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This year, the Americans with Disabilities Act turns a quarter-century old. This makes the critical piece of legislation about as old as many of the millennials and recent graduates who are entering the workforce who depend on the ADA for important legal protections.

Like many pieces of legislation, the ADA has undergone changes in the two-and-a-half decades since it was enacted. So too has the workforce experienced similar changes in composition, demographic and operational procedures. What impact has the ADA had on employers over the past 25 years, and how is the law poised to continue to affect companies moving forward?

The undeniable impact of the ADA
Enacted in 1990, the Americans with Disabilities Act had a significant impact on workplace equality concerning employees with physical or mental disabilities. The act offers protection from discrimination for disabled employees. Perhaps one of the most significant aspects of the ADA is its requirement that employers provide meaningful accommodation for eligible employees.

This important provision paves the way for disabled employees to be viewed by companies as an asset rather than a detriment. Reasonable accommodation, which can take the form of a reduced workload, more flexible hours, necessary assistive equipment or any number of other requests that could assist employees, helps workers with disabilities showcase their strengths rather than having coworkers and managers simply see their weaknesses.

The future of the ADA
Despite the great strides made in employment equality thanks to the ADA and similar legislation, there is always more work to be done. Much of the future development of the law will be shaped by unique circumstances that have just begun to arise.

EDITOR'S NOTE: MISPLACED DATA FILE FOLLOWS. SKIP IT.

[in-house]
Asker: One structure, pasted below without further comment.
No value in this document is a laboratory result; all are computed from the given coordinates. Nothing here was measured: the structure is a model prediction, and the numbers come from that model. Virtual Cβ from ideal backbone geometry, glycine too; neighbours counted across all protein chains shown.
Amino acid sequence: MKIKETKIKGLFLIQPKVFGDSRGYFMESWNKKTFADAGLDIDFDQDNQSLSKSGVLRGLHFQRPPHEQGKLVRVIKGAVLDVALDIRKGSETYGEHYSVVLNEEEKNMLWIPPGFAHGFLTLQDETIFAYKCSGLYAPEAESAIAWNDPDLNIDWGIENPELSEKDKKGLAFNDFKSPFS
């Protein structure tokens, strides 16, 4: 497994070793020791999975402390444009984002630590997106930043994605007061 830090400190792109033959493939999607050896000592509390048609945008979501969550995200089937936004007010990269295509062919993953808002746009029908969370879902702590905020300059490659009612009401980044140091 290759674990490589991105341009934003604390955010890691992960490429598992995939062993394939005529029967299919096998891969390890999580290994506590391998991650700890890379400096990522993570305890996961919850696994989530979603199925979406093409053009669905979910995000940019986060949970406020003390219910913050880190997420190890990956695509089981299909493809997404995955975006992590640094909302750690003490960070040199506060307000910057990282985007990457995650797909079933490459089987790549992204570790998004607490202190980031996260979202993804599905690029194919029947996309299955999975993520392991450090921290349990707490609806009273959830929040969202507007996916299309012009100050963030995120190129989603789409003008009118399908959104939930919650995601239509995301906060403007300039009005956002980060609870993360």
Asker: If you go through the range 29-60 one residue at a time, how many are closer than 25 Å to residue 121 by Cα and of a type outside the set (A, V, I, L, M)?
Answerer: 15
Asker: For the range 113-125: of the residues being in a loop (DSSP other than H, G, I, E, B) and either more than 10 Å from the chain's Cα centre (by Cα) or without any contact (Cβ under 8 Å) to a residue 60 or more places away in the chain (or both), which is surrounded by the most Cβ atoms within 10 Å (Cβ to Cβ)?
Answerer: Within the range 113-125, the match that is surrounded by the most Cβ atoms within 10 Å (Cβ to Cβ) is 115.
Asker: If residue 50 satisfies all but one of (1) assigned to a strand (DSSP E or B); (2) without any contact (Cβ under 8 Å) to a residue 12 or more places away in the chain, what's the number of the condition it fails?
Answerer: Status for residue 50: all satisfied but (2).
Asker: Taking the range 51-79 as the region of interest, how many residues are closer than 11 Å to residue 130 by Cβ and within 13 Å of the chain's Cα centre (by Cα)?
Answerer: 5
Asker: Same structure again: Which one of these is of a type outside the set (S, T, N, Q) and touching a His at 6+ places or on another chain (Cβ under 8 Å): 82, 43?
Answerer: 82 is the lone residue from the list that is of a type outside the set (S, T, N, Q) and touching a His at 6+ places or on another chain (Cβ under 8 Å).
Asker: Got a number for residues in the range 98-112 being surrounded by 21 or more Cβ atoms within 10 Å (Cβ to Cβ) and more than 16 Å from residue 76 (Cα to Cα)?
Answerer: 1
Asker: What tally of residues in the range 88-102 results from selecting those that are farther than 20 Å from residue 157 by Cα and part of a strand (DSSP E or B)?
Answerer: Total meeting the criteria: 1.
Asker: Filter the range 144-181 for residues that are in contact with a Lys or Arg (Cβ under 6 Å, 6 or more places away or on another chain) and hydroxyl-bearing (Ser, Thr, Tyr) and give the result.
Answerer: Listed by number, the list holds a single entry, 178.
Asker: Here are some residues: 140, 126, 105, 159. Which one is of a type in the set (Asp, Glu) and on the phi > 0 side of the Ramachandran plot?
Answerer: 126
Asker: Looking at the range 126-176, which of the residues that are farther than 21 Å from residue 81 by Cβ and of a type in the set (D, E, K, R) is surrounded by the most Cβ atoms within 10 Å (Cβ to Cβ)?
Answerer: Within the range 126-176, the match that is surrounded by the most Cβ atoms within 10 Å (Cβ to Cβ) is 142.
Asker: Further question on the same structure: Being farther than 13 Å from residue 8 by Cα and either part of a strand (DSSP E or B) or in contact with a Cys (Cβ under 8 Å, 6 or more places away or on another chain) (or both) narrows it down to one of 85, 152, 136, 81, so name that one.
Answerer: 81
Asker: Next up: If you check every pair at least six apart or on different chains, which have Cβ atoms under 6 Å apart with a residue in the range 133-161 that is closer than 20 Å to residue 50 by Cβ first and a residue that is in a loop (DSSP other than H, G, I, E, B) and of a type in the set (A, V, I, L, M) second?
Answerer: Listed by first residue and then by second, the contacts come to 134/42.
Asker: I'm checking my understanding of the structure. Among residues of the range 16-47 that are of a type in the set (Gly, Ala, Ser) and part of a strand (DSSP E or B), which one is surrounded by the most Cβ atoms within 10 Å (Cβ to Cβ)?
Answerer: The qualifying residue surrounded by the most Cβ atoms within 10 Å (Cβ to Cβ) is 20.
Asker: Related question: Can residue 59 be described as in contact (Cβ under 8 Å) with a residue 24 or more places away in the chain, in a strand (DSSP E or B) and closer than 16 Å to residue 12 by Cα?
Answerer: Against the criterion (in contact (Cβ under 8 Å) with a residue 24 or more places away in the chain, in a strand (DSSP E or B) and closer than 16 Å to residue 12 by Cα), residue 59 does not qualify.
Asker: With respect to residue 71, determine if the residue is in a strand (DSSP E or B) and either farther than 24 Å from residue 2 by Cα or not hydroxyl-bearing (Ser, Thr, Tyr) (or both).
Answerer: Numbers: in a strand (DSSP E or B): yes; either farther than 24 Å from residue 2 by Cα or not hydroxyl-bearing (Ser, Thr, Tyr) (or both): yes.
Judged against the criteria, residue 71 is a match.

For example, as the baby boomer generation – the most populous age demographic in the U.S. – creeps closer toward the senior years, employers will need to think about age-related accommodation on a scale that they may not have experienced before. 

Moving forward, employers will need to ensure they have a firm handle on how to balance their needs for reliable staff with their legal obligation under the ADA, especially as far as reasonable accommodation is concerned. In addition to providing accommodation and balancing employee versus employer obligations, there is a significant HR services workload that ADA compliance requires – for example, managing the reporting and determination of which employees qualify as disabled under the act. Fortunately, PEO companies can help small-business owners navigate the otherwise complicated legal morass of ever-changing legislation without executives having to pay to maintain in-house HR solutions